As far as the technology is concerned, the solution to this is largely understood to be a sense-and-avoid system that can be scaled up or down depending on UAV size and the operations that it has to carry out.

Kennard notes that a software modification and algorithm development is likely to be the answer, which could be integrated into existing sensors on board the UAV.

Euro Hawk

Germany's failed Euro Hawk programme explored the airspace integration of large UAVs

Northrop Grumman

GA aircraft do not typically fly at night, so a thermal-based sense-and-avoid capability may not be the most pressing of developments for airspace integration, because collisions when it is dark are less likely. Onboard processing would allow for a UAV to transmit in real time that a collision may happen, and either alert the operator or decide itself on what is the best action to take.

Size matters

Despite their large size, high-altitude, long-endurance UAVs may be considered a more accessible integration than smaller UAVs because they sit at altitudes above all general and commercial aviation routes, and only require airspace access to reach these altitudes.

Germany is one nation that has explored the integration of large UAVs with a sense-and-avoid capability into European airspace through its failed Euro Hawk programme.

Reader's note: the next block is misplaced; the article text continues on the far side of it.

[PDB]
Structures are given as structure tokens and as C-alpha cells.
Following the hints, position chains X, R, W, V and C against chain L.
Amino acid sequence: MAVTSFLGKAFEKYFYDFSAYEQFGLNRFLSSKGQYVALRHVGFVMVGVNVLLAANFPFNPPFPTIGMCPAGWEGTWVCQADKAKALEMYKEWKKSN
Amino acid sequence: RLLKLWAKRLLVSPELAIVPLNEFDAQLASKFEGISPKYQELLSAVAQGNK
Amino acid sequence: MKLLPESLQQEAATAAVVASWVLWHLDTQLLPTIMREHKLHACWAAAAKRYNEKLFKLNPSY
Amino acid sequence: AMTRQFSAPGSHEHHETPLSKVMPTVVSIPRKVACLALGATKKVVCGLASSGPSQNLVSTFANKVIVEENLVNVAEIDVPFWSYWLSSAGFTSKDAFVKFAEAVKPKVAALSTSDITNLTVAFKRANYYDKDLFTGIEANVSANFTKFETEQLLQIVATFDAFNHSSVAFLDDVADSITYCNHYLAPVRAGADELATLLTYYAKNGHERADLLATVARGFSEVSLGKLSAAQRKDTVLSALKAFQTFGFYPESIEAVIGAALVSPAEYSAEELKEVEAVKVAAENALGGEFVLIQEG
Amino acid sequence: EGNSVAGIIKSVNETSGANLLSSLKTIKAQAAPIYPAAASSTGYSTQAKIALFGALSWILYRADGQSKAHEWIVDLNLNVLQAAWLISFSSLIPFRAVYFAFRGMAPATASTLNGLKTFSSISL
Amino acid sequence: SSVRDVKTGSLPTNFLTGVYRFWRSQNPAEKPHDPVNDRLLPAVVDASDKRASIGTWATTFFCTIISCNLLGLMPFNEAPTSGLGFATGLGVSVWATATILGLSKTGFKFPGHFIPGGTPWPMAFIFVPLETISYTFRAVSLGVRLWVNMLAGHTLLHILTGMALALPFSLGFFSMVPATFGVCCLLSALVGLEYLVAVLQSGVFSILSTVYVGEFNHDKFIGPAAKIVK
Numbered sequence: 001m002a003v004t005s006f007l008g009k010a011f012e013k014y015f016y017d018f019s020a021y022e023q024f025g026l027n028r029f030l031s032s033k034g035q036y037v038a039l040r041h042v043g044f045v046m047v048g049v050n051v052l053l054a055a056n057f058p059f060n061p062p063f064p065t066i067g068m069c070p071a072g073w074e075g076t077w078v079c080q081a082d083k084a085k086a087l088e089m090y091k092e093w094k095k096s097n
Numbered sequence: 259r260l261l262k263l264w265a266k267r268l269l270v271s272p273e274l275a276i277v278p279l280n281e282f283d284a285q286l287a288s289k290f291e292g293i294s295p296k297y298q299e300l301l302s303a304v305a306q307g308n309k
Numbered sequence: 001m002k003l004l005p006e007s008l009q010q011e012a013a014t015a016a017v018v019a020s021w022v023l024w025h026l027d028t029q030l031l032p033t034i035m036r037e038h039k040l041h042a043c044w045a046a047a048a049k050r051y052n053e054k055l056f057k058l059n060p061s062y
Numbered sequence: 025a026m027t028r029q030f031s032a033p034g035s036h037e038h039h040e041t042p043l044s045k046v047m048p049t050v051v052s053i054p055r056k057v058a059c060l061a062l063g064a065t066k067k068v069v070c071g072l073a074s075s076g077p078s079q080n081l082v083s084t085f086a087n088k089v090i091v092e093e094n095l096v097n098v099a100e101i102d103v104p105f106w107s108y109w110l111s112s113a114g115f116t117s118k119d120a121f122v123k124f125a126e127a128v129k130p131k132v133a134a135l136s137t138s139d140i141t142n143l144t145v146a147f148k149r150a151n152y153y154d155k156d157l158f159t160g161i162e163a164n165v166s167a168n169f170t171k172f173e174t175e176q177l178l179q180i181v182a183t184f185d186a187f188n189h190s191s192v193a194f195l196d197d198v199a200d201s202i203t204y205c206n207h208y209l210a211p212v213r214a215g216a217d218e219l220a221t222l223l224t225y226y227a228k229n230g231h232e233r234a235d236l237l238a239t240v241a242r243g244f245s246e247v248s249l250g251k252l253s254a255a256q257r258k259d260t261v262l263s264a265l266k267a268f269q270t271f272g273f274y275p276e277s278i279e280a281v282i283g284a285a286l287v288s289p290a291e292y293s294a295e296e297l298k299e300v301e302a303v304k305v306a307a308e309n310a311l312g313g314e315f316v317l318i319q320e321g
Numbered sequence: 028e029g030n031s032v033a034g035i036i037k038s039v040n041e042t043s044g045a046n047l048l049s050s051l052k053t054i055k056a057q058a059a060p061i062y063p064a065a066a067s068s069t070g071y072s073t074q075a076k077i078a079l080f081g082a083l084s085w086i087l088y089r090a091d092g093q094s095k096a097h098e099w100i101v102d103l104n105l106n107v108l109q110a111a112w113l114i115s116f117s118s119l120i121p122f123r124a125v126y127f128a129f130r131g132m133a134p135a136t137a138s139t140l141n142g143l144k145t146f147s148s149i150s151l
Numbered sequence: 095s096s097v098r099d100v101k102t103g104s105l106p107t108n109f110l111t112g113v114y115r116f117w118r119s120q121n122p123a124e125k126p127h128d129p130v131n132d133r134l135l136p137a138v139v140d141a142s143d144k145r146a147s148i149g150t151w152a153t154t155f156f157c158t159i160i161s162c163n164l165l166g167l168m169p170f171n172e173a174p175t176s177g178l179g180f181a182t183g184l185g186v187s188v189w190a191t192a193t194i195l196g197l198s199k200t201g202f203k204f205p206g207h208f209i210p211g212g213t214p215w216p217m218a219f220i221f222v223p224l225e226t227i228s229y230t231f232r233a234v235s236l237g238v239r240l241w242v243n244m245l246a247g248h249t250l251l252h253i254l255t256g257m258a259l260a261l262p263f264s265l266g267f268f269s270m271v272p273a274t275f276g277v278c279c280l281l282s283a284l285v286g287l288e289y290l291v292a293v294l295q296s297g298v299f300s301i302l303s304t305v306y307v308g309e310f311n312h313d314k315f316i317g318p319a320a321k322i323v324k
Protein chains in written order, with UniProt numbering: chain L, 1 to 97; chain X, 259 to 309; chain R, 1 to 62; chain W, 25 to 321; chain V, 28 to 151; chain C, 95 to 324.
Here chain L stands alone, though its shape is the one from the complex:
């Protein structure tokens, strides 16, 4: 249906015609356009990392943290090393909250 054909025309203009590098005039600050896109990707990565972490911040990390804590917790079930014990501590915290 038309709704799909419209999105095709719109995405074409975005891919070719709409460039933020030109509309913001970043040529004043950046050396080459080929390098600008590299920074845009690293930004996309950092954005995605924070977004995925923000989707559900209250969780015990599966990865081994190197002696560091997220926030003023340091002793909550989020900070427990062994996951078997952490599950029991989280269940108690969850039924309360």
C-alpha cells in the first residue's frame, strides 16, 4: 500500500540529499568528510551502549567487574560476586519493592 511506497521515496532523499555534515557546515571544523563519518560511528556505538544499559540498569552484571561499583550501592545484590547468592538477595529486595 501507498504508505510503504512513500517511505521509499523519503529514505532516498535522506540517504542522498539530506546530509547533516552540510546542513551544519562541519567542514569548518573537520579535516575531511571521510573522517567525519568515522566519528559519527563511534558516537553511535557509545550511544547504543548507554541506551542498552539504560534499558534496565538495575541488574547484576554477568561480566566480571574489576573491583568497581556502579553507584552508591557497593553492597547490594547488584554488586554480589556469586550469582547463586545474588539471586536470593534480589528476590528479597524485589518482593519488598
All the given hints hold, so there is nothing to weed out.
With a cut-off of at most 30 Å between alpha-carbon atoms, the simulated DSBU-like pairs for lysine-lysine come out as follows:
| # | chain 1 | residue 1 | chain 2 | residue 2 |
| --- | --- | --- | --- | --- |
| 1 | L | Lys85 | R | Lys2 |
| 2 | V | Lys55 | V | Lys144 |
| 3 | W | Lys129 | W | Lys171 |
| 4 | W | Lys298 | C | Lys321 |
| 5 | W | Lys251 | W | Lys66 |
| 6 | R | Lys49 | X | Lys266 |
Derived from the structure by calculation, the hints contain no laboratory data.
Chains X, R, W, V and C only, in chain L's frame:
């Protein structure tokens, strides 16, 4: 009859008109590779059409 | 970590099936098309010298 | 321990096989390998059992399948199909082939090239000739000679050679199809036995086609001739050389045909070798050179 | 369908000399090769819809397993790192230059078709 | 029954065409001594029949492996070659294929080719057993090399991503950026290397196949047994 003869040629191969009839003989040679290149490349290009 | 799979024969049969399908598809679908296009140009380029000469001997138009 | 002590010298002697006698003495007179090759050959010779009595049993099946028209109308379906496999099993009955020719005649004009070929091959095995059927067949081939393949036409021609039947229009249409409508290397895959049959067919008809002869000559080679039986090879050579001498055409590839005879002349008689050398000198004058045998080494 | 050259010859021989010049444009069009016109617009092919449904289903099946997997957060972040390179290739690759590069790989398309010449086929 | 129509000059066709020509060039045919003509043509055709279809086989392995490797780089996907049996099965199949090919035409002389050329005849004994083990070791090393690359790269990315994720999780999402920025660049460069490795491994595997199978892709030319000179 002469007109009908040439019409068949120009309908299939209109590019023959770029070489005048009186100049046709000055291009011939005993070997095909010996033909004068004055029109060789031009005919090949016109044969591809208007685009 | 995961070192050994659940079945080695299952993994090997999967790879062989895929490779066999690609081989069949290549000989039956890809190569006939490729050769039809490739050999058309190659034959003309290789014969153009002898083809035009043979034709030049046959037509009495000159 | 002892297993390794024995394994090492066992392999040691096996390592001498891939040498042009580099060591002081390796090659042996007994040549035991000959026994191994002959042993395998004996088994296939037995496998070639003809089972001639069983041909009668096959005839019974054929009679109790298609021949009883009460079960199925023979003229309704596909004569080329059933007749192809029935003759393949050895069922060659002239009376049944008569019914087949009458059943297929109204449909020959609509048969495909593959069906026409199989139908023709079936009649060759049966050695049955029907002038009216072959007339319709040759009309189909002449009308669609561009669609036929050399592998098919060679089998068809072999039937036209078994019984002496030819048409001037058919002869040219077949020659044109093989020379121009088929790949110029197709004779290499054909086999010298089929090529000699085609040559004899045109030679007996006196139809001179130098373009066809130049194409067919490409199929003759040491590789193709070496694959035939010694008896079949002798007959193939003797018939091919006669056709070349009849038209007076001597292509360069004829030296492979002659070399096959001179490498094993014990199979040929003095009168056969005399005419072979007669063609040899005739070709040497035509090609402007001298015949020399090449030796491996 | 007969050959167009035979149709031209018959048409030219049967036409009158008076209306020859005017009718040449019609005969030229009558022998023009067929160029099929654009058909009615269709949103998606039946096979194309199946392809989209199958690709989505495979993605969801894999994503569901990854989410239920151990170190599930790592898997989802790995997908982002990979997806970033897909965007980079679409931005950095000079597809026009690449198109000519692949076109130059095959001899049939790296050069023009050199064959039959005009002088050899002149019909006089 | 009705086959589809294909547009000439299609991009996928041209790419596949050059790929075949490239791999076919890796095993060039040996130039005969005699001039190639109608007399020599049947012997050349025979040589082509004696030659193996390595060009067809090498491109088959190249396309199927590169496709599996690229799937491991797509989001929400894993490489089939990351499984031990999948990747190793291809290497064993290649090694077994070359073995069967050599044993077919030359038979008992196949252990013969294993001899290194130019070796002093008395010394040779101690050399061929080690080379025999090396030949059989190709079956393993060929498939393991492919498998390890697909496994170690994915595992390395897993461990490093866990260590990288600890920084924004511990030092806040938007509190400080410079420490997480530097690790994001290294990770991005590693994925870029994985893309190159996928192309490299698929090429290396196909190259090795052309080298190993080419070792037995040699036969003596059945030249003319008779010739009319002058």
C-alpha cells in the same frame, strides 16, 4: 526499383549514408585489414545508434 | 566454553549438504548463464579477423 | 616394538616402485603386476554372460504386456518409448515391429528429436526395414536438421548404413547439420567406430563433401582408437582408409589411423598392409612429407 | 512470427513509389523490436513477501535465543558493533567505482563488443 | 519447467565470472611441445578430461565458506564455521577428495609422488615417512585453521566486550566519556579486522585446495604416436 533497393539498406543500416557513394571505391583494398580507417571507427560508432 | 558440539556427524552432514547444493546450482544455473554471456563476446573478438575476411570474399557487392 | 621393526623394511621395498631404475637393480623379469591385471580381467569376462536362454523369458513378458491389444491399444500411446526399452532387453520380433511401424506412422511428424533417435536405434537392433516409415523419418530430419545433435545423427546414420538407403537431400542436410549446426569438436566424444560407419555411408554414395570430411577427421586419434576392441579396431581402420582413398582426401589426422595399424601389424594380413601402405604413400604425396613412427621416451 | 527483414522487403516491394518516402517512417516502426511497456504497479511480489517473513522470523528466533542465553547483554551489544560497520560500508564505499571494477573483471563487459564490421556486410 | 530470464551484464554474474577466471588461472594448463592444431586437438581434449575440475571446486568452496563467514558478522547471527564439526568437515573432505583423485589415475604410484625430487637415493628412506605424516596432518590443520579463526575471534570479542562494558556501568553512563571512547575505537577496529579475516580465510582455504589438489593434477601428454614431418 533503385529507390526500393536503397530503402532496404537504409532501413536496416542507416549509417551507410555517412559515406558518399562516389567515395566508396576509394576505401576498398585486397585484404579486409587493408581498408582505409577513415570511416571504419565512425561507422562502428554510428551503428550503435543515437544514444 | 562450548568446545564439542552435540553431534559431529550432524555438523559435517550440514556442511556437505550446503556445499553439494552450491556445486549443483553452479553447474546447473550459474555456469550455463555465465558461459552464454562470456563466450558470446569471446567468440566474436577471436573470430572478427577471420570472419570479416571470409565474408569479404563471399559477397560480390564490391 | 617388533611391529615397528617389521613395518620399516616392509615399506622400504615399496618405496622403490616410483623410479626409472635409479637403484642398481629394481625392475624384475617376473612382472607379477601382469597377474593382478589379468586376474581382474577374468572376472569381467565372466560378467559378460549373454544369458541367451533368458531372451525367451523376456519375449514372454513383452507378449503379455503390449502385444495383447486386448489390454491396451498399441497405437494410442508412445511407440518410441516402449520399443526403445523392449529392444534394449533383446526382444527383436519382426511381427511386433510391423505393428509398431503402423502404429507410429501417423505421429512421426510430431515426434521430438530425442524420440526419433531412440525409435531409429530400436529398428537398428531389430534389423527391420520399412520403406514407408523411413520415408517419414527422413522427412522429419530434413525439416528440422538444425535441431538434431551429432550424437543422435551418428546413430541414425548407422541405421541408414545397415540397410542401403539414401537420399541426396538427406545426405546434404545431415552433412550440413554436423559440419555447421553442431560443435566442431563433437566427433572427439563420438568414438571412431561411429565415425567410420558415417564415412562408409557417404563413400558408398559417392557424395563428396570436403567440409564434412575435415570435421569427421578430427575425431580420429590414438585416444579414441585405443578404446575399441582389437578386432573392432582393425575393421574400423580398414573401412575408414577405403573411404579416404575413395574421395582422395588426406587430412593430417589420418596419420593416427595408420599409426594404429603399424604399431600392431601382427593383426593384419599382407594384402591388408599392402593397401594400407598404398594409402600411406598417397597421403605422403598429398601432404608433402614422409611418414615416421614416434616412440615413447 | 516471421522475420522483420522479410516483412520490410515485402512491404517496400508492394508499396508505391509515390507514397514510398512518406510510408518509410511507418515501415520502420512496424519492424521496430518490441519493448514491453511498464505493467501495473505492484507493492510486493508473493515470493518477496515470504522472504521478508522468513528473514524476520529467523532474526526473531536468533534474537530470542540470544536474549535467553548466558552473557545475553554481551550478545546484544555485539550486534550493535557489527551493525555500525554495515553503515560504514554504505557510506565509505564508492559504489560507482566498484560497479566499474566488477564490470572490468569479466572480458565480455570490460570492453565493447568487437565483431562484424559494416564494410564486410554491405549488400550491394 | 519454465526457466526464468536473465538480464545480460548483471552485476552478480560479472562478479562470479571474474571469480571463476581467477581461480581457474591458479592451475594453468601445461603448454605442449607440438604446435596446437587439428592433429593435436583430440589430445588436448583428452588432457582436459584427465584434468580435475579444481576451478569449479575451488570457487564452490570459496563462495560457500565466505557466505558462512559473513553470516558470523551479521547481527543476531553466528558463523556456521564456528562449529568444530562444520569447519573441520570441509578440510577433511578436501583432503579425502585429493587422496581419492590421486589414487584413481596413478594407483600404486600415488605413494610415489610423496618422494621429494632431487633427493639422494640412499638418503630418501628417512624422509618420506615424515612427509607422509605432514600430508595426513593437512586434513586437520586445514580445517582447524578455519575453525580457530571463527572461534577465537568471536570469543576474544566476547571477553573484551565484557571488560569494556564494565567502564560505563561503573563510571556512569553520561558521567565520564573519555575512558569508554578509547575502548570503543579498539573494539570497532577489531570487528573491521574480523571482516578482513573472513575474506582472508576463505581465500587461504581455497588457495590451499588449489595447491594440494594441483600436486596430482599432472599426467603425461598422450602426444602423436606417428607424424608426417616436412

This involved modifying a Northrop Grumman RQ-4 Global Hawk HALE UAV with a sensor payload that would help integrate it into European airspace, but the programme was cancelled in 2013 when the cost of developing the sensor escalated.

Berlin is now interested in the MQ-4C Triton maritime variant of the Global Hawk, which overcomes a series of challenges the European variant faced, such as the sense-and-avoid capability and communication links to developing air traffic management systems, and is considering starting a programme to explore this capability versus that of a converted business jet for a signals intelligence role.

The German government is also expecting to begin testing the Euro Hawk sensor again in a series of trials expected to start at the end of 2015, which will continue from where the last phase of testing left off.

“The MQ-4C is an easier air fit, but we still need to develop the sensor,” a German air force command representative tells Flight International. “We are trying to reuse the aircraft that is sitting in Germany. The plan would be that by the end of this year, beginning of next, we’d start flight tests of it again.”

The US Navy is also developing a sense-and-avoid capability for the Triton, and launched a competition in November to provide the HALE UAV with an air-to-air radar that enables it to avoid collisions.

Naval Air Systems Command (NAVAIR) announced that it was looking for a less sophisticated sensor than the Exelis-developed one that the navy had previously contracted to be developed for the Global Hawk – although a programme for it was cancelled in 2013. It will have a “due regard” capacity, which is not as developed as a full sense-and-avoid capability.

NAVAIR said it was taking an evolutionary approach to the development, claiming that is should be modular, scalable, and will be improved as air traffic control and operations develop.

Meanwhile, General Atomics Aeronautical Systems announced on 12 February that it had carried out a flight test of a pre-production, fully-functional variant of its sense-and-avoid air-to-air due regard radar (DRR) on board the MQ-9 Reaper.